On a Mid-Life Crisis

Phinney found himself in the throes of a mid-life crisis of Biblical proportions. He was completely bored with his chosen career and looked around for something else to do, something challenging. Nothing seemed to entice his fancy or his drive for success. So, almost on a whim, he thought that he might give politics a try.

Now, this was the mid-1800s, and the major issue in the United States at the time was slavery. Being a life-long Democrat but also being an abolitionist, Phinney left the Democrats in 1854 and joined the newly-formed anti-slavery Republican Party. Within six years, the party elected Abraham Lincoln and the United States found itself in a terrible Civil War.

He got himself elected to the Connecticut state legislature in the 1860s and there made a name for himself by speaking passionately in support of the 13th Amendment to the US Constitution—the amendment which abolished slavery. Phinney so well represented the folks in his district that he was elected four times to serve them in Hartford. He then won a seat in the state senate as well.

In 1875, Phinney became the mayor of Bridgeport, Connecticut. In that capacity, he brought the first streetlights to the city. He developed a safer public water utility. He fought for anti-liquor and anti-prostitution statutes and saw them passed. He even established the Bridgeport Hospital and proudly served as its first board chairman.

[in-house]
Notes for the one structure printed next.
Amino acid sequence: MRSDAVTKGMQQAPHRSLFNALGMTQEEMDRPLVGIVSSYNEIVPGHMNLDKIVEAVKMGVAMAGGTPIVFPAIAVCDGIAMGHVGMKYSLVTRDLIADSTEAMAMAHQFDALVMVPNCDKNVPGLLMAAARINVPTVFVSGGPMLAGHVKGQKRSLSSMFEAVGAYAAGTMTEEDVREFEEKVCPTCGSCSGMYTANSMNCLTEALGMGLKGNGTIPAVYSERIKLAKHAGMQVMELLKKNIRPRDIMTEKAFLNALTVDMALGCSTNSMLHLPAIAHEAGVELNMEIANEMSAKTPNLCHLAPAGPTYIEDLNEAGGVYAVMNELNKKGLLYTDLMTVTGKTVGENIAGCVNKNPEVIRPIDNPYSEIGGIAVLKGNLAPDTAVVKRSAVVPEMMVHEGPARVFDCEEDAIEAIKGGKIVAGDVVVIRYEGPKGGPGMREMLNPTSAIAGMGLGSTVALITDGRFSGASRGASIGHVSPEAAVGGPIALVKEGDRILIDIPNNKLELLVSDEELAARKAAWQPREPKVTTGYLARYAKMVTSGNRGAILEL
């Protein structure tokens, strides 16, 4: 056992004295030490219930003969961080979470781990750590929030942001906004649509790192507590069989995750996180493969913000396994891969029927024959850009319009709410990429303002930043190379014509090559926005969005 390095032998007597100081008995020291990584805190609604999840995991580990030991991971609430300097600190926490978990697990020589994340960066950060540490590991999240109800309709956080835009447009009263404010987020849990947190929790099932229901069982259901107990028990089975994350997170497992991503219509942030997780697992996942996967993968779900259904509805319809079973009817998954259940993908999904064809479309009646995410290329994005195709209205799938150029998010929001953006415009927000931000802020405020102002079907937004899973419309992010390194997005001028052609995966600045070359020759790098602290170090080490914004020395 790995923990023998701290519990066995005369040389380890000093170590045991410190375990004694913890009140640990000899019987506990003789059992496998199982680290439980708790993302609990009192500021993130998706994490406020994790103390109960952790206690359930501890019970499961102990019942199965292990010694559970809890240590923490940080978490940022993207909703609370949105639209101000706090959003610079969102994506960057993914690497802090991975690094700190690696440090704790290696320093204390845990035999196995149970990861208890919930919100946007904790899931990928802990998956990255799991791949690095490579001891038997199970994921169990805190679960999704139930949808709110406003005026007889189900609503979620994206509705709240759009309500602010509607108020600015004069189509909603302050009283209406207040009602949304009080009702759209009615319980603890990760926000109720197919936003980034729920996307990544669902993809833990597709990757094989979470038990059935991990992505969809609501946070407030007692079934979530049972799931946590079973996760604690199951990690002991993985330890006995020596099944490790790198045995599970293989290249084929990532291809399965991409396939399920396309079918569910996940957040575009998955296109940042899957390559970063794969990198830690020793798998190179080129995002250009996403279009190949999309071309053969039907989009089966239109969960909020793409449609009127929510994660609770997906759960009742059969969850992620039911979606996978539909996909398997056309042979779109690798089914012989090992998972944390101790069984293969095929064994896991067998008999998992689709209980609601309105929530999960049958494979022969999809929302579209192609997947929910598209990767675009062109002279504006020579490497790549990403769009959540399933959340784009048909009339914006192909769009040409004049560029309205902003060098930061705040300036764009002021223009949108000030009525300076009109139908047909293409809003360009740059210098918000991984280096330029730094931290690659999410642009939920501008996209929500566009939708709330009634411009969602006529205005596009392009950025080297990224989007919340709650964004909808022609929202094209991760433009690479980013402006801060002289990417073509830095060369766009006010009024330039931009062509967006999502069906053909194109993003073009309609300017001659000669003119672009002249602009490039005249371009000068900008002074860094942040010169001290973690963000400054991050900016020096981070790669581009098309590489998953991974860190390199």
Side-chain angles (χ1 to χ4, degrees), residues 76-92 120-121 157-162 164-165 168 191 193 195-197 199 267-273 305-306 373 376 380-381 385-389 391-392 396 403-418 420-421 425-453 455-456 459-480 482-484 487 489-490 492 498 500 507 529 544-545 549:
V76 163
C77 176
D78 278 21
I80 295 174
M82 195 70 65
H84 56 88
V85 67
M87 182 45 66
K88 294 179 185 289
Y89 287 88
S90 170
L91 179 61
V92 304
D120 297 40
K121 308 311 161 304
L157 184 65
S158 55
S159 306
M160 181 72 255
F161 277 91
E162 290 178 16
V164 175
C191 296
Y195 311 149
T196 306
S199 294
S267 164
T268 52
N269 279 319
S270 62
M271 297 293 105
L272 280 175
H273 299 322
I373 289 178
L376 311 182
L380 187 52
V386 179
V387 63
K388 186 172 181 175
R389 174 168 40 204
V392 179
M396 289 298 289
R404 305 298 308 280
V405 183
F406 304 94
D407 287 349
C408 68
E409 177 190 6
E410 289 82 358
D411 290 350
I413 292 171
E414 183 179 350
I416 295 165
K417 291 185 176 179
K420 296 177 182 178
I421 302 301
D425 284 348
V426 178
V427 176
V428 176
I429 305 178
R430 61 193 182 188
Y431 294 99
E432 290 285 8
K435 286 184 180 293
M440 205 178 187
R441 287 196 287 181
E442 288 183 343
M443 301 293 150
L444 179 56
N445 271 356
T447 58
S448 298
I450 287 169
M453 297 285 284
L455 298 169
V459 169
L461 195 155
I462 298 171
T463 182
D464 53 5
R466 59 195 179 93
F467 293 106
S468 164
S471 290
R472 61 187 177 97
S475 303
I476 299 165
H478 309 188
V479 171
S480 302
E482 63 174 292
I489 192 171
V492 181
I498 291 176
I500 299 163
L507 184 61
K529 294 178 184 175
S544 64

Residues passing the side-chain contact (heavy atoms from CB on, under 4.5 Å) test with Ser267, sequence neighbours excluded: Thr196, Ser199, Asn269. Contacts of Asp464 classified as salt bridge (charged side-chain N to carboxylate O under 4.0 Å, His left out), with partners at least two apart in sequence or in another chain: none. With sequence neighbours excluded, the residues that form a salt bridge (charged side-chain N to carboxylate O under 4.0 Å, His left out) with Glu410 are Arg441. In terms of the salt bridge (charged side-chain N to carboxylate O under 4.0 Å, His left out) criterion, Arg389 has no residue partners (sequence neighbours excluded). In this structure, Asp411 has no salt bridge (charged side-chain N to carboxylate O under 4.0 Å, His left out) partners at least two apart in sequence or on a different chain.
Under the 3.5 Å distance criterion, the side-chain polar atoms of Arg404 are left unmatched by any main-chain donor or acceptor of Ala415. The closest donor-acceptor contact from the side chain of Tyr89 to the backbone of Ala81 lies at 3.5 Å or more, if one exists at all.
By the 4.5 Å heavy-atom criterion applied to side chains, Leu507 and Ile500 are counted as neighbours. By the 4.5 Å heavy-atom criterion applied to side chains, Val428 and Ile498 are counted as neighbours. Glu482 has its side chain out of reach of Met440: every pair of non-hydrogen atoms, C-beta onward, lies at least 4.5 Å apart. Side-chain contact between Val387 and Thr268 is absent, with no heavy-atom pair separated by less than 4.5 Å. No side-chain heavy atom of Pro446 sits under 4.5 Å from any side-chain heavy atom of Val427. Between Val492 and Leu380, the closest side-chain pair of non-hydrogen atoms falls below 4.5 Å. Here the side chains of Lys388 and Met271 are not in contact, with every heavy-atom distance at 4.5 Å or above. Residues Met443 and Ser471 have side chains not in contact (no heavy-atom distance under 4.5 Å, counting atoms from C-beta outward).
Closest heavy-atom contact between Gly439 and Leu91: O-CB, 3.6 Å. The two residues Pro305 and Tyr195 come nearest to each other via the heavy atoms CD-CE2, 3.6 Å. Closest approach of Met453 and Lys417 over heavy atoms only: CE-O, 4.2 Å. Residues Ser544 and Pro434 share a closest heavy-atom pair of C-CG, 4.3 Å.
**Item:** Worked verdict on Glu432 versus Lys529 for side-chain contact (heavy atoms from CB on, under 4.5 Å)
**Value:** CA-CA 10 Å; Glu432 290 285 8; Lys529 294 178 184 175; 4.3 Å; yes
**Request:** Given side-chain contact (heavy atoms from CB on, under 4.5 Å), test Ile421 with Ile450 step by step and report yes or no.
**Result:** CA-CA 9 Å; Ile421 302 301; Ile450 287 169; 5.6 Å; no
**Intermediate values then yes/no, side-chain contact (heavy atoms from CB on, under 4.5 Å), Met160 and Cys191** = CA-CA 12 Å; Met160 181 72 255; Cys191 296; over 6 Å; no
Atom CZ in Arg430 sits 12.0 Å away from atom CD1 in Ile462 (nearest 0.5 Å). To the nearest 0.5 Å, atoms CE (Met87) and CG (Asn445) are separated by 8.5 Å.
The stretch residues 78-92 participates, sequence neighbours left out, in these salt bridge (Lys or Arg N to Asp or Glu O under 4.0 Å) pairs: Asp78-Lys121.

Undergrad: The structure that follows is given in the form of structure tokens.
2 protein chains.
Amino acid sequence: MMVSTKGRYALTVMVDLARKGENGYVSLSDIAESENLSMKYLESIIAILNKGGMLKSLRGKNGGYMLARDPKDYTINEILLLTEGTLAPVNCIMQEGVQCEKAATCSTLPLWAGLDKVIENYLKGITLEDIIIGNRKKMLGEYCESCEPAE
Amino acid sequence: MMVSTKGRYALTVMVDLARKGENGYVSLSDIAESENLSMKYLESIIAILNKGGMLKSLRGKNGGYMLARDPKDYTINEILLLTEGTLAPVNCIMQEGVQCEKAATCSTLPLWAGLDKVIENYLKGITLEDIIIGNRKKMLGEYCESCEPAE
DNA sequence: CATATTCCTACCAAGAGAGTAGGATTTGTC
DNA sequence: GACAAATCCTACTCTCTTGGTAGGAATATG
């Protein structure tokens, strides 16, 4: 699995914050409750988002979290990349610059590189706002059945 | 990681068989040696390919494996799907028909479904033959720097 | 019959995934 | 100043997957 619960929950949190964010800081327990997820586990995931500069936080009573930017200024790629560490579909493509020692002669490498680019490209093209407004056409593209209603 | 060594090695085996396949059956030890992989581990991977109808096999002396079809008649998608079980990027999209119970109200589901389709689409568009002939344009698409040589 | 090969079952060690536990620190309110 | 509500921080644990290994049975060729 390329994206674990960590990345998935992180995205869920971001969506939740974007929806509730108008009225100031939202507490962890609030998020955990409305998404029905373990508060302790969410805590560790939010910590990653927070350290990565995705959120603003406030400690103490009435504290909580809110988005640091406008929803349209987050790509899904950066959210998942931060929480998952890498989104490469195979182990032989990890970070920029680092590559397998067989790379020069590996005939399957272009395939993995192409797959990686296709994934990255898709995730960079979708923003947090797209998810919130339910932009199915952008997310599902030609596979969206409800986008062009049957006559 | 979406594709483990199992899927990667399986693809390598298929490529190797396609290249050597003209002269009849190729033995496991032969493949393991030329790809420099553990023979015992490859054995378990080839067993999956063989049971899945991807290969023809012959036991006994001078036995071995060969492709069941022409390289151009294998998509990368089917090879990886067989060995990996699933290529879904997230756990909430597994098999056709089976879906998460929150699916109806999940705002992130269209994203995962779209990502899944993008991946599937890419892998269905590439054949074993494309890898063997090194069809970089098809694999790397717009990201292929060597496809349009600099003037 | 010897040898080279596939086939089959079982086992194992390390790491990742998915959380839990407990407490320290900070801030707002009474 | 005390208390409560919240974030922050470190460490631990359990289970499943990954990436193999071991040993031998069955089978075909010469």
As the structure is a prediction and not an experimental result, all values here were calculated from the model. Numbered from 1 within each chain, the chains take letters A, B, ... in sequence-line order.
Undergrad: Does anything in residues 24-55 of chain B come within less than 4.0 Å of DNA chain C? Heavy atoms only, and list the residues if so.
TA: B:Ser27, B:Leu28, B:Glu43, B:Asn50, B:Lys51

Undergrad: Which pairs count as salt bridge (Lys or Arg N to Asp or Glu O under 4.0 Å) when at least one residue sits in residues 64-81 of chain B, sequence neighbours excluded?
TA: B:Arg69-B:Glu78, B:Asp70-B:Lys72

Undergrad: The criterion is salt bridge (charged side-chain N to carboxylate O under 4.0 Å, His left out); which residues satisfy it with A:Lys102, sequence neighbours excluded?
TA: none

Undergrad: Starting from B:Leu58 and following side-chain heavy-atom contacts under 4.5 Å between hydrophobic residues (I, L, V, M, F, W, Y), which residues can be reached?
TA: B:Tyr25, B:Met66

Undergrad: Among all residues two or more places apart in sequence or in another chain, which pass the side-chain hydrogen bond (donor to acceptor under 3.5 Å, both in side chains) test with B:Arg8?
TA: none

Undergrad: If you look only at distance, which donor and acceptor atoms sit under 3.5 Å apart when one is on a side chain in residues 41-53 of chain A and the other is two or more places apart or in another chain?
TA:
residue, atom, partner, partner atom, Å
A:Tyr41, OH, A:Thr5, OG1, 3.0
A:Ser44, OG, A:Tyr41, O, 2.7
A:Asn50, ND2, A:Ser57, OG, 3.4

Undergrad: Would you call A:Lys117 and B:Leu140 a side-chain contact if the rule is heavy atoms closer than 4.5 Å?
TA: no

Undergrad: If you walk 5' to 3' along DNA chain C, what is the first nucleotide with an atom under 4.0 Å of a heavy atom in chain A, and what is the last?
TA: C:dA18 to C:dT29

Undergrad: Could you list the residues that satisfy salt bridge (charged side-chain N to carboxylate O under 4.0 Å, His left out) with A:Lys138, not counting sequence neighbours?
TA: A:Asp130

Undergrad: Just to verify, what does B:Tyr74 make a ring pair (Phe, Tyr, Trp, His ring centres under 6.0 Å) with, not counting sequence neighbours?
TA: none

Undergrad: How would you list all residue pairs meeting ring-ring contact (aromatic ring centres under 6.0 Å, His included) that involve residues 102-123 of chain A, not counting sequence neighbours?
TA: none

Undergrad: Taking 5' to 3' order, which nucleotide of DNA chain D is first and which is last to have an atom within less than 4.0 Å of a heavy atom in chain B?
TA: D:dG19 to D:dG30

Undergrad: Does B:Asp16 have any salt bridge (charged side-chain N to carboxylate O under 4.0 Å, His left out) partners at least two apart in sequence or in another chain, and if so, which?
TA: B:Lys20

Phinney also worked long hours for many charitable causes. He raised over a million dollars for Tufts University, he chaired boards that oversaw assistance for orphans, the elderly, and veterans. He chartered a steamboat company that ran ferries between Bridgeport and New York and that is still in operation to this day. In short, Phinney was a model citizen in this “second career” of his.

Some mid-life crises, huh? Not bad for someone who had never been in politics before and who had decided to enter it on a whim.

Few mid-life crises end up as well as Phinney’s did.

Oh, and that other career Phinney had? You know it. In fact, you know it so well that you had no idea that Phineas T. Barnum was also a successful politician as well as a master showman.

Leave a Reply

Fill in your details below or click an icon to log in:

WordPress.com Logo

You are commenting using your WordPress.com account. Log Out /  Change )

Google photo

You are commenting using your Google account. Log Out /  Change )

Twitter picture

You are commenting using your Twitter account. Log Out /  Change )

Facebook photo

You are commenting using your Facebook account. Log Out /  Change )

Connecting to %s